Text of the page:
The first was at the start of the first lockdown and the second in recent days. Neither person seemed to have realised the the relationship was over until they pushed too much and I pushed back with a strength that they didn’t know I had.

I think it is no coincidence that both are conspiracy theorists and bullies. When you believe blindly in something you tend to be unsubtle in all your communications; Emotional Intelligence measures zero.

One is convinced that she can cure cancer by positive thinking and that it is caused by stress while the other is convinced that there is a worldwide network of famous people who are paedophiles and practice satanic rituals with the children that they traffic.

I have been addressed stridently in my home by both of them because I disagree with them and, let’s face it, any person capable of reasoned thinking would disagree with them also.

Both are emotionally abusive with their partners. Whatever these men do it is not good enough and never will be. One meekly accepts what is said and the other is beginning to kick back. I don’t think it’s much of a coincidence that both men use drugs in more than a recreational way.

Of course I am to blame for both friendships ending and neither women understand why. Neither have notice that I’ve ghosted them on social media either. Big egos eh?

K has declared that she forgives me for my “little ways” – she forgives me for being me.

Recently K has said that she thinks I’m being less than understanding about her mental health as she’s currently living apart from her partner. She has no understanding or willingness to try to understand how it has been for me to live with severe Bipolar Disorder since I was in my early teens (I was diagnosable at 16 and it is thought that I had been ill since I was 13). I have been suicidal and I have attempted suicide. At times I have had my pills given to me by my GP on an almost daily basis to lessen the chance of an overdose and had police officers I have worked alongside within communities take sharp knives from my kitchen so that I can’t self harm. Just because I refuse to indulge the fantasy that her experience is comparable to me doesn’t mean that I lack compassion as is her accusation but that I think temper tantrums pale into insignificance.

Friends? Yeah.

Anxious about anxiety

I have regular check in appointments with my GP. Every four to six weeks we talk on the phone and I tell him how anxious I am and he tells me that I appear to be coping better than I am. He is right of course except since I last spoken to him things have changed.

I was unnerved by the potential COVID pandemic right from the start. I would walk to the local shops chanting within myself,”This virus will not get me, I refuse to die from it.” I didn’t realise that by that time I’d almost certainly had it and survived but even now that anxiety doesn’t subside.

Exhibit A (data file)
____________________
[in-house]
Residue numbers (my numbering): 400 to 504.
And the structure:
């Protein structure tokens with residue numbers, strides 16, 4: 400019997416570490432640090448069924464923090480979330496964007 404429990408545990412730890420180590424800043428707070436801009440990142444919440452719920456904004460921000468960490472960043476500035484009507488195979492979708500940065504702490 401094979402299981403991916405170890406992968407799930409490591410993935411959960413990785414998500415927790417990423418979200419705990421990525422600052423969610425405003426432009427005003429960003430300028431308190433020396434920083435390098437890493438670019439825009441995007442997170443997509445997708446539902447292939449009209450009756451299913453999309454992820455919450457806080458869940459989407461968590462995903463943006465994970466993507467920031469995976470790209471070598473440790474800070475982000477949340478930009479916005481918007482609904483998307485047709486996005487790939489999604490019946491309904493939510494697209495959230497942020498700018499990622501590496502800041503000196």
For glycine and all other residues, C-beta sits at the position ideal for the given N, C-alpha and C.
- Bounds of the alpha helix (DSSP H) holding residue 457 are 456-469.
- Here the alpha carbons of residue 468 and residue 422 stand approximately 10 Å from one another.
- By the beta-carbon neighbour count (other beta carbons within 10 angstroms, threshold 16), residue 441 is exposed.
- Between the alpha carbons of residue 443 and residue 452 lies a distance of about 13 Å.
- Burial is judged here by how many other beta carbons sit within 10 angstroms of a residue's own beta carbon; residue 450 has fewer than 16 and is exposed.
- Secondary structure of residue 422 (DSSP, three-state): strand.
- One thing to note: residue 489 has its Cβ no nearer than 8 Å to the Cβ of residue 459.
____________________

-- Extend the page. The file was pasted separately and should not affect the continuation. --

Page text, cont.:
Over the course of the pandemic I’ve been increasingly fearful. I watched waves reach stupidly high peaks, one person I know has died and his wife has suffered health problems because of his death.

There are people I feel secure being with and places that I also feel safe being but there are far more than I don’t. I’m not sure that I want to start hugging people next week though no doubt I will. I don’t want to go back to the old “normal” I want to have a different normal even though my life could never have been described as thus.

I want to go to London but the stupid people who want to demonstrate about their liberty being stolen from then scare me witless. There are friends and family I want to see but I can’t see it happening soon.

I’m afraid of going into one of my local shops where I bought a magazine every week because it’s a long and narrow shop with no room for manoeuvre. If I can’t manage to use a shop like that then what chance have I of travelling for reasonably long periods of time in an enclosed space. And the tube – forget it!

So this year I’m staying at home or at least within the city. I’ll start with short journeys to nearby towns to build up some confidence. I’m going to go to Bath even though I can’t stand the place because it’s a 12 minute journey on the same train that takes me to London and that will give me a realistic idea of how safe it is.

My mantra has changed from refusing to catch and die from the virus to refusing to let it kill my life and part of my mind. Onwards I go one way or another.

The art of kindness

I had a nightmare recently in which a group of Christians were expressing their “kindness” towards me. They walked into my flat without invitation, caused a flood, brought my inadequacies to my attention and then left leaving me to clear up their mess.

Their interpretation of kindness didn’t match my needs. They stripped me of my coping mechanisms and replaced them with “better” ones. This kind of false, if well-intentioned goodness, endows a sense of unworthiness.

Twitter “kindness porn” is prominent at the moment. 

People with “Be Kind” in their bio aren’t always the kindest people. One “blue tick” is telling people to be kind and increasing his follower numbers. Oddly enough he’s got a book out at the moment.

As the hackles are rising on your back I will make this bold statement: only people who are on the receiving end of a gesture get to say if it’s kind or not.

A random act of kindness is something that happens to you not something that you perform.

As often as I can I make donations to my local food bank and cafe for homeless people. I do this because I’ve spent time on the poverty line when there were no food banks and have spent a lot of time in my adult life in insecure accommodation. I give because I want to express my gratitude for the life I have now and perhaps ease the way for someone who needs a bit of a helping hand. If my actions are perceived as kind then I can’t help but be happy about that.

Kindness is important but it’s not the giver who decides on what is or what is not kindness, it’s the recipient.